I love kick-ass female characters. They strike me as inspiring and simply makes me look up upon them. Katniss' first sacrifice to step in the arena - which is practically a death sentence - had me falling for her immediately. I admit I was not a fan of Peeta immediately, but he soon grew on me, as did the other characters.
Collins' descriptions and fast-moving pace are perfect. Just the idea of throwing 24 contestants into an arena right down to the last survivor is downright interesting. The future is beautifully-crafted. OK, so maybe I'm not a fan of the gore that comes with it, but Katniss' fighting skills is just plain awesome. I expected the arena scenes to be boring, but instead I was left pulse-racing and breathless.
A 4-star from me is as rare as a blue moon, but "The Hunger Games" was perfectly executed and disappointed me only when I realised I'd finished the book. ...more
Just, bad. Didn't even bother to finish it. COULDN'T force myself to, up to a point. Bad, bad writing (how many times did the author mention 'poof'? AJust, bad. Didn't even bother to finish it. COULDN'T force myself to, up to a point. Bad, bad writing (how many times did the author mention 'poof'? And the king 'sucked in his cheeks'? SERIOUSLY!?) Characters absolutely 2-dimensional, cardboard cutouts with no character development whatsoever (I read until half the book). Trust me, the characters would've said and done the same thing in situation, let's call it A, in the beginning of the book and the end. Azalea bores me, Bramble is annoying, and how come the King suddenly just switches personality, from not even bothering to TALK to his daughters and suddenly slamming a guy who tries to um, flirt with his daughter? Talk about multiple personality disorder...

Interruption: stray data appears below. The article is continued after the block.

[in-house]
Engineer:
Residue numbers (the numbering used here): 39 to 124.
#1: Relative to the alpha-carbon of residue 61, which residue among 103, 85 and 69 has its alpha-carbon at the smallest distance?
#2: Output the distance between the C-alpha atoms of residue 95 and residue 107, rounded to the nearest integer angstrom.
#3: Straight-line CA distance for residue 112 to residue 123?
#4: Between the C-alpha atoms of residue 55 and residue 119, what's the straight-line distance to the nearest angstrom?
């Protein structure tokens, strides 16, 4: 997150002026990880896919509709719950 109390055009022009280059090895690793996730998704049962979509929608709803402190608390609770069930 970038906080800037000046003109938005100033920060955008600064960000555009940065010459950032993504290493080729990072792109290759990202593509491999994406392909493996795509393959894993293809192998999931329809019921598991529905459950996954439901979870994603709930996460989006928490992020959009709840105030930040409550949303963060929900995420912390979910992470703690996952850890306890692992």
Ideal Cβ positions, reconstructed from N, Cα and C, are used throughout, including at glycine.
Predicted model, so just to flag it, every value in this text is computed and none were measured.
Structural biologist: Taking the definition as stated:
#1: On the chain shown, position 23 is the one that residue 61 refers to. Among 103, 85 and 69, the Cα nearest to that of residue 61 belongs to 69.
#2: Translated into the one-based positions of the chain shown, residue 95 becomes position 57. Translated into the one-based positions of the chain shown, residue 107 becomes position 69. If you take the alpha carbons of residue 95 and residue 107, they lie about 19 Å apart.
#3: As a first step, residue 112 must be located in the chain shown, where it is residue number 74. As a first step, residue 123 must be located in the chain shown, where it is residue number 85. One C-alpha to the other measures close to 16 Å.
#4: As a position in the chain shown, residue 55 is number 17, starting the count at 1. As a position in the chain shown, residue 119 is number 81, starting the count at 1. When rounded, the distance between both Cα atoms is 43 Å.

JUST, BAD. Like I said earlier. Need I say more?...more
One of the most realistic protagonists I have read in awhile, Sloane Price. She's not weak, she doesn't end up trying to be the hero which so often suOne of the most realistic protagonists I have read in awhile, Sloane Price. She's not weak, she doesn't end up trying to be the hero which so often surfaces in this generation of YA novels today. Sloane isn't normal either - she isn't a walking cliche, no; she is a teenage girl in a zombie-infiltrated town who survives but has lost reason to live even before then.
This isn't a typical zombie book. Frankly, I'm surprised how much I loved this book. For a novel this thick, writing about the lives and daily changing of survivors, one would expect there to be boring sections printed in the book. However, Courtney Summers excelled not only in keeping a fast pace, thrilling, realistic novel, she also manages to balance the emotional side of Sloane. The descriptions are never too much.
The characters are pretty realistic as well. Sloane's love interest isn't handsome, brave and overly-protective; he's vulnerable as well. Although there was so much tension within the surviving group, each character stood out on their own and found their way to my heart, whether they were being a jerk or whatever.
The point is, this book was so REAL. If I had the time, I would've finished it in one sitting. But I didn't, so I compensated by finishing it in a span of 24 hours. Doesn't that count as one day as well?
I'm only slightly disappointed at the ending, almost as if we were left hanging. Slightly abrupt. And while Courtney manages to build the suspense and thrill in certain parts, I felt the ending went a bit flat and failed to pick up at the climax. Otherwise, a fabulous read - not too much to digest (it's a pretty easy read) with memorable characters that could just possibly change your perspective.